The government’s ability to use drones for law enforcement would be curtailed under a bill passed by the New Jersey Assembly on Monday.

The action came a week after the Federal Aviation Administration announced that New Jersey was one of nine states chosen for its testing of “unmanned aircraft.”

Under the bill, law enforcement agencies would not be allowed to use drones to conduct surveillance, gather evidence or engage in other law enforcement activity without first getting a warrant based on probable cause—unless there are exigent circumstances or officials get written consent from the person they are targeting.

Another exception would apply to searches for missing people and Amber alerts.

No one would be permitted to send up an armed drone, which would be treated as a fourth-degree crime, punishable by up to 18 months’ imprisonment and a $10,000 fine.

If drone surveillance picks up video or verbal communication unrelated to an ongoing criminal investigation, the information would have to be discarded within 14 days, along with any information derived from it.

Information obtained in violation of the law could not be used as evidence in a criminal prosecution.

Nor could it be disclosed in any other judicial, administrative, arbitration or legislative proceeding, and it would not be usable “to establish reasonable suspicion or probable cause that an offense has been, is being, or is about to be committed.”

The restrictions would not apply to forest firefighter services, or other fire departments, paid or volunteer.

Emergency management personnel would be free to use drones to survey or monitor the extent of an emergency.

But they would have to safeguard the information or records of a verbal or video communication derived from the use of an unmanned aerial vehicle, which the bill says “shall not be made available or disclosed to the public or any third party.”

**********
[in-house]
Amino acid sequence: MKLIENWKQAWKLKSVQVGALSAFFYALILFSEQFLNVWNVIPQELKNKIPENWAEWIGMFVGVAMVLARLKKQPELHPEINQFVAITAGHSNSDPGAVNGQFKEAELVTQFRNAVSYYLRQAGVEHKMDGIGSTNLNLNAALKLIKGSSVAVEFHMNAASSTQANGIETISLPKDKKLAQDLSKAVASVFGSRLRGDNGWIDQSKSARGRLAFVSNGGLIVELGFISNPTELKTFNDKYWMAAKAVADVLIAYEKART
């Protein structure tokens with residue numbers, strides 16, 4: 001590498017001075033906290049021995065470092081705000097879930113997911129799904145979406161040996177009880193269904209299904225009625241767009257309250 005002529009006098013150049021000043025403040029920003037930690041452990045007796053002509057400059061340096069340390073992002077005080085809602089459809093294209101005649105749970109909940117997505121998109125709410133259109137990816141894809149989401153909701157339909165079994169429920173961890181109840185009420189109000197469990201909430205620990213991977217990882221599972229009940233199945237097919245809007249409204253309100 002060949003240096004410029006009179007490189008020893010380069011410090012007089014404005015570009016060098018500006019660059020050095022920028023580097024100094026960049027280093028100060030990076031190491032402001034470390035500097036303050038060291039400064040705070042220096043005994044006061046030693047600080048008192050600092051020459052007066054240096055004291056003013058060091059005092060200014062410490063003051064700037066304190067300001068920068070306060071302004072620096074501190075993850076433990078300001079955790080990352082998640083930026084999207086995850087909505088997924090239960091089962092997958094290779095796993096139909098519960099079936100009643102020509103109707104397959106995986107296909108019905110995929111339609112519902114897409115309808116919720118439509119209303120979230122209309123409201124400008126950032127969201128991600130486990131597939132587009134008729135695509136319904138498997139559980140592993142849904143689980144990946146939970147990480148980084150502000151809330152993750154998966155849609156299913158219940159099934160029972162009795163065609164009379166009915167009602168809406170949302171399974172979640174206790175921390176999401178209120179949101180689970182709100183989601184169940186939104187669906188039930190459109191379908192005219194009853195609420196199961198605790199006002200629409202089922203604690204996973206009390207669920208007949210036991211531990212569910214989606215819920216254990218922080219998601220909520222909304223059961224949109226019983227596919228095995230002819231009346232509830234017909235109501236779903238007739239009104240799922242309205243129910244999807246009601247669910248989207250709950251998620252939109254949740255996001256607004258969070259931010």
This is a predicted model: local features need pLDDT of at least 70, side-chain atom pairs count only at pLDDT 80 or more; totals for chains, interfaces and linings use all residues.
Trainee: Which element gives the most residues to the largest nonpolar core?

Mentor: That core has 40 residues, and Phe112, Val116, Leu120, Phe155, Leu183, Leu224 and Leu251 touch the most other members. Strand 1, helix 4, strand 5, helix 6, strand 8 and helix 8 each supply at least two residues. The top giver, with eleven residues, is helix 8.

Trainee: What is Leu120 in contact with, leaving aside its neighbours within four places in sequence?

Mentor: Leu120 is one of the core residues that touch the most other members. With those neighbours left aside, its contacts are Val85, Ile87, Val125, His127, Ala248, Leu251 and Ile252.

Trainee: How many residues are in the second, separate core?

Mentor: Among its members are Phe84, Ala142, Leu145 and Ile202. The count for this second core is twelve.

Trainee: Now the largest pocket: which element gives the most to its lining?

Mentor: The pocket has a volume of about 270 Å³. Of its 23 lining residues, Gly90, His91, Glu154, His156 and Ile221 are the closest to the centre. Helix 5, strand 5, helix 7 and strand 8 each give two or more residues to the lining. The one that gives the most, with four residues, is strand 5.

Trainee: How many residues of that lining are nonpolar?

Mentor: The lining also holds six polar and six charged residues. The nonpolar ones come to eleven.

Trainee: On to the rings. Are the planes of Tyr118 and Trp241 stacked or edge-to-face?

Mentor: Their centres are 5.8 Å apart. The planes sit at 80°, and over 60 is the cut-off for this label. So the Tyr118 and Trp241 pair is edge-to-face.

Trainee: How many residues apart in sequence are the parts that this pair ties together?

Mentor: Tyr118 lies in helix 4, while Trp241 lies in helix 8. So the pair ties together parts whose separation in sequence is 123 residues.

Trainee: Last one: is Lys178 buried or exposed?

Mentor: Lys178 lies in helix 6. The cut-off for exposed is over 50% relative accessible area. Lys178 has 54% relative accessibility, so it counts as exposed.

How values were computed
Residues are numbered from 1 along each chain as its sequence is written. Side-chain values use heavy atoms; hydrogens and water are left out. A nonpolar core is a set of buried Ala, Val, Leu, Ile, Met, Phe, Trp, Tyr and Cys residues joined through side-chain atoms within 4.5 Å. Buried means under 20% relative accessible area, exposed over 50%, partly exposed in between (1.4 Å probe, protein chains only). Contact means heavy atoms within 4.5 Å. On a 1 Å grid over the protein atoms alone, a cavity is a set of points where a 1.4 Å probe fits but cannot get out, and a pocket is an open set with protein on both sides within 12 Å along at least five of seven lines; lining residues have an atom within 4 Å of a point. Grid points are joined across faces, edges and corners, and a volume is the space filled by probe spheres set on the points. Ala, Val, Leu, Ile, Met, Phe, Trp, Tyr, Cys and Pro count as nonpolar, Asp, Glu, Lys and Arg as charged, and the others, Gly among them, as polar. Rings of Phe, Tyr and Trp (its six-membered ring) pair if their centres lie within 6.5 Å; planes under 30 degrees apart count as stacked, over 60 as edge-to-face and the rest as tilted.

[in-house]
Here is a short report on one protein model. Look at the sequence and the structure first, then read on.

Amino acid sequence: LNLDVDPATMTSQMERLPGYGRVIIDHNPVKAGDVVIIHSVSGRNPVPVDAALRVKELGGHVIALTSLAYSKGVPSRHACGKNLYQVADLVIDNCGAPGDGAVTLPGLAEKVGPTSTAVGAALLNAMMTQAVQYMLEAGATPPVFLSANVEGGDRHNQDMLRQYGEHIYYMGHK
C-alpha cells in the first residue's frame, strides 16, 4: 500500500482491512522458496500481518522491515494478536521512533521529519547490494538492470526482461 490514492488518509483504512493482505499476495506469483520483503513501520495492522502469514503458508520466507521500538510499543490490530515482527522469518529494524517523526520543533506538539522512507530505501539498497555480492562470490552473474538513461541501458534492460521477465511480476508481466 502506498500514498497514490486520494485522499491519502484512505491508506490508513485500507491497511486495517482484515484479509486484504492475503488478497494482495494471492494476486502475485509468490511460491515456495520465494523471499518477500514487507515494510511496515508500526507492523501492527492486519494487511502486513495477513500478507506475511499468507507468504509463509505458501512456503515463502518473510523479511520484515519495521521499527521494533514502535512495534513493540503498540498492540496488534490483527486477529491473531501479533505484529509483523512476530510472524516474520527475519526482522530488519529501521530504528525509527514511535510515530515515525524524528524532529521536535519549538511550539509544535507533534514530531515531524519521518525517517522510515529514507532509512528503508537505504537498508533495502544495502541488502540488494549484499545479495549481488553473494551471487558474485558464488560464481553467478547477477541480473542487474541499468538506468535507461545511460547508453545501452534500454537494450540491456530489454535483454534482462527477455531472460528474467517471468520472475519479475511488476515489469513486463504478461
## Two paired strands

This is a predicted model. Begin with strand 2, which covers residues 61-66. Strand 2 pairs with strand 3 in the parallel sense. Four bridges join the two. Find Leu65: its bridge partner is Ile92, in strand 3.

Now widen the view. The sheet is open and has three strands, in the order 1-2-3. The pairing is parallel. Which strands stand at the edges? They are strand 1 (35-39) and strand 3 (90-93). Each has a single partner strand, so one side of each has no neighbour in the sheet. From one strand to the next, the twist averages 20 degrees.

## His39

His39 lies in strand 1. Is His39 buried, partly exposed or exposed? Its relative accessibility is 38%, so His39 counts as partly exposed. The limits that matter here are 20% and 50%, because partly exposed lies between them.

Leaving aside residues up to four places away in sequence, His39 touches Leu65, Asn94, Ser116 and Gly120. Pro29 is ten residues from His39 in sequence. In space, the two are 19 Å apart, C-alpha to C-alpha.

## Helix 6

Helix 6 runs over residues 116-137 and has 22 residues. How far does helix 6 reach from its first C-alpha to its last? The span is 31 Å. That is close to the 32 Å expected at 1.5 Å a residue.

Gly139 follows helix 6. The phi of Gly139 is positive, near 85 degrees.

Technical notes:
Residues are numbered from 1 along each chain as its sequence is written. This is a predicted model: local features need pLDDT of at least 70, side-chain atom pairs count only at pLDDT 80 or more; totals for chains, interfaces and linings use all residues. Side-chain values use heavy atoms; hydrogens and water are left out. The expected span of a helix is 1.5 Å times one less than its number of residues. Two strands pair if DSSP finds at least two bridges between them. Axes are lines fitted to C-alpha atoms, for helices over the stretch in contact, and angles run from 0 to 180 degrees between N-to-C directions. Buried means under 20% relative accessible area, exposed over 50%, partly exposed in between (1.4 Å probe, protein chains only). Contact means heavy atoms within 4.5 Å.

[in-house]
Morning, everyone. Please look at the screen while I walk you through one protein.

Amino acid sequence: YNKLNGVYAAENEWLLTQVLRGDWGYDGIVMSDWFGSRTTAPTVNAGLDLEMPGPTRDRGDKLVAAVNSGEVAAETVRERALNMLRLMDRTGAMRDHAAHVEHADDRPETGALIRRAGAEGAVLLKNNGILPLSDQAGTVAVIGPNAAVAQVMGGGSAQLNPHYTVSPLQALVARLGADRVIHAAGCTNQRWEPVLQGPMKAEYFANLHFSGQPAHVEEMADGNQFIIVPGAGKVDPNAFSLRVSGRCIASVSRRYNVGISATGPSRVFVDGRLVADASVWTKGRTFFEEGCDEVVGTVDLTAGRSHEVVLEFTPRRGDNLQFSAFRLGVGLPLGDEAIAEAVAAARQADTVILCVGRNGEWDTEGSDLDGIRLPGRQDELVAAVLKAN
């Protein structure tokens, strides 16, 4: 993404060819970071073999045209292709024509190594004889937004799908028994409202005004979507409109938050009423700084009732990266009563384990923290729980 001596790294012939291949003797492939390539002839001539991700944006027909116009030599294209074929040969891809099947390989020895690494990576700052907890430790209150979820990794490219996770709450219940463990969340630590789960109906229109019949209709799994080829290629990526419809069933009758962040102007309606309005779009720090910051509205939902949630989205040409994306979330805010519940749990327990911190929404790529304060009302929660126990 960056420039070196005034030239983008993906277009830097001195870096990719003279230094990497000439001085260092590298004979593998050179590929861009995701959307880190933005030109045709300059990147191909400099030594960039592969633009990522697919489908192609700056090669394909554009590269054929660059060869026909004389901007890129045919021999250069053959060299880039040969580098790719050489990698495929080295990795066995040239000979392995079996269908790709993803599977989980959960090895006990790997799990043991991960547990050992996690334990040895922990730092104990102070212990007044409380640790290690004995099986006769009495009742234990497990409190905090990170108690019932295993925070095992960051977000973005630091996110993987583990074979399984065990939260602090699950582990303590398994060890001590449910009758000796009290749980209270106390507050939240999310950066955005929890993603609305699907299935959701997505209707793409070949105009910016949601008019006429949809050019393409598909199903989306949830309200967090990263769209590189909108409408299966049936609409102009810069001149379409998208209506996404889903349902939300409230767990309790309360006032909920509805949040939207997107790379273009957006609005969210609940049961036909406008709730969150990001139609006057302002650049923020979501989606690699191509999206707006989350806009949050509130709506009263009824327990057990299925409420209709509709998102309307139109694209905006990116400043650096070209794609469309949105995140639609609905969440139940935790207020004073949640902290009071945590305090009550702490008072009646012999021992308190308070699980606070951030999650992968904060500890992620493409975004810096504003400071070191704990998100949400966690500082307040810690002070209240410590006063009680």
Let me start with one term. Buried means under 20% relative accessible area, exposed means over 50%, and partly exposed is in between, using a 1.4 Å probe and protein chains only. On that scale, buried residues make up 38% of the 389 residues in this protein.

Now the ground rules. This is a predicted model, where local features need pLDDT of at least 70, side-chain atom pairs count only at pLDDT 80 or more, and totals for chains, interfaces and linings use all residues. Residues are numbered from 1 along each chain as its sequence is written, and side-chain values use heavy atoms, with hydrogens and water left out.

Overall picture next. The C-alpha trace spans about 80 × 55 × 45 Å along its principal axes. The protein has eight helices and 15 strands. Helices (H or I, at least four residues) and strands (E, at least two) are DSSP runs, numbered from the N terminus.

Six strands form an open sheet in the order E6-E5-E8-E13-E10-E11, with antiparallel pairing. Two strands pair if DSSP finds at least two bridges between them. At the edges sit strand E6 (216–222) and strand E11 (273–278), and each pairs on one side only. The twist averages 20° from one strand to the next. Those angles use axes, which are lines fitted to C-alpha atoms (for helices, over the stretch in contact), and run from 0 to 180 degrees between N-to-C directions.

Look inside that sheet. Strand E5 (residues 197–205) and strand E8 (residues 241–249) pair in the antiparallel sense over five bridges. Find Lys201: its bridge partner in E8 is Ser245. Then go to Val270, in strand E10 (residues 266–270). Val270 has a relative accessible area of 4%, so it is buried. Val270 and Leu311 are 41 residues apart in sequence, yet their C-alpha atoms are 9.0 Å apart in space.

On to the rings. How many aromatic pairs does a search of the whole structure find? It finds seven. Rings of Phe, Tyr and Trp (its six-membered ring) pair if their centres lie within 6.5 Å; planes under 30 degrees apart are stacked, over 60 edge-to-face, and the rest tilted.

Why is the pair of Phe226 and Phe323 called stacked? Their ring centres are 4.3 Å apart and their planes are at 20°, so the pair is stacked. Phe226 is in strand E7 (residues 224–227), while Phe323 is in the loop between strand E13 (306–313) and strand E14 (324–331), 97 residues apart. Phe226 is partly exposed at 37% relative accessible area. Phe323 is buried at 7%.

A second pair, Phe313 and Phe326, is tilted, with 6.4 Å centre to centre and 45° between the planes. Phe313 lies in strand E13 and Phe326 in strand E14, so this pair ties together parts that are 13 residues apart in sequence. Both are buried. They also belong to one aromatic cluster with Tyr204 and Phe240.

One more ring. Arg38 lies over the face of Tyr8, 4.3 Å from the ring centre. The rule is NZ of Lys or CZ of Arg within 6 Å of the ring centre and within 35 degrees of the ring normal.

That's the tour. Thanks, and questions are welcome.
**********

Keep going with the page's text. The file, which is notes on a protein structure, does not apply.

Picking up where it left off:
Agencies that use drones would have documentation and inspection responsibilities and an obligation to file annual reports with the Attorney General’s Office.

The legislation uses the term “unmanned aerial vehicles,” defined as “owned or operated by any branch of the Armed Forces of the United States or any law enforcement agency, or agent or employee thereof, that uses aerodynamic forces to propel the vehicle and does not carry a human operator, and is capable of flying autonomously or being piloted remotely and conducting surveillance.”

The bill, A-4073, cleared the Assembly by a 76-1 vote. It includes provisions not in a similar bill, S-2702, passed by the Senate in a 36-0 vote on June 27.

The warrant requirement was added on Dec. 16 by the Assembly’s Homeland Security and State Preparedness Committee.

After Monday’s vote, Assemblyman Vincent Prieto, D-Hudson, a sponsor, said the bill “strikes the right balance” between the needs of law enforcement and “protect[ion of] personal privacy in this age of ever-expanding technology.”

The only legislator to vote against the bill was Assemblyman Michael Patrick Carroll, R-Morris, a lawyer who disagrees with the warrant requirement, saying drones should be treated the same as airplanes.

For example, a police chief who suspected someone was illegally growing marijuana could send up a plane without a warrant, he says.

The measure now goes back to the Senate to reconcile the two versions.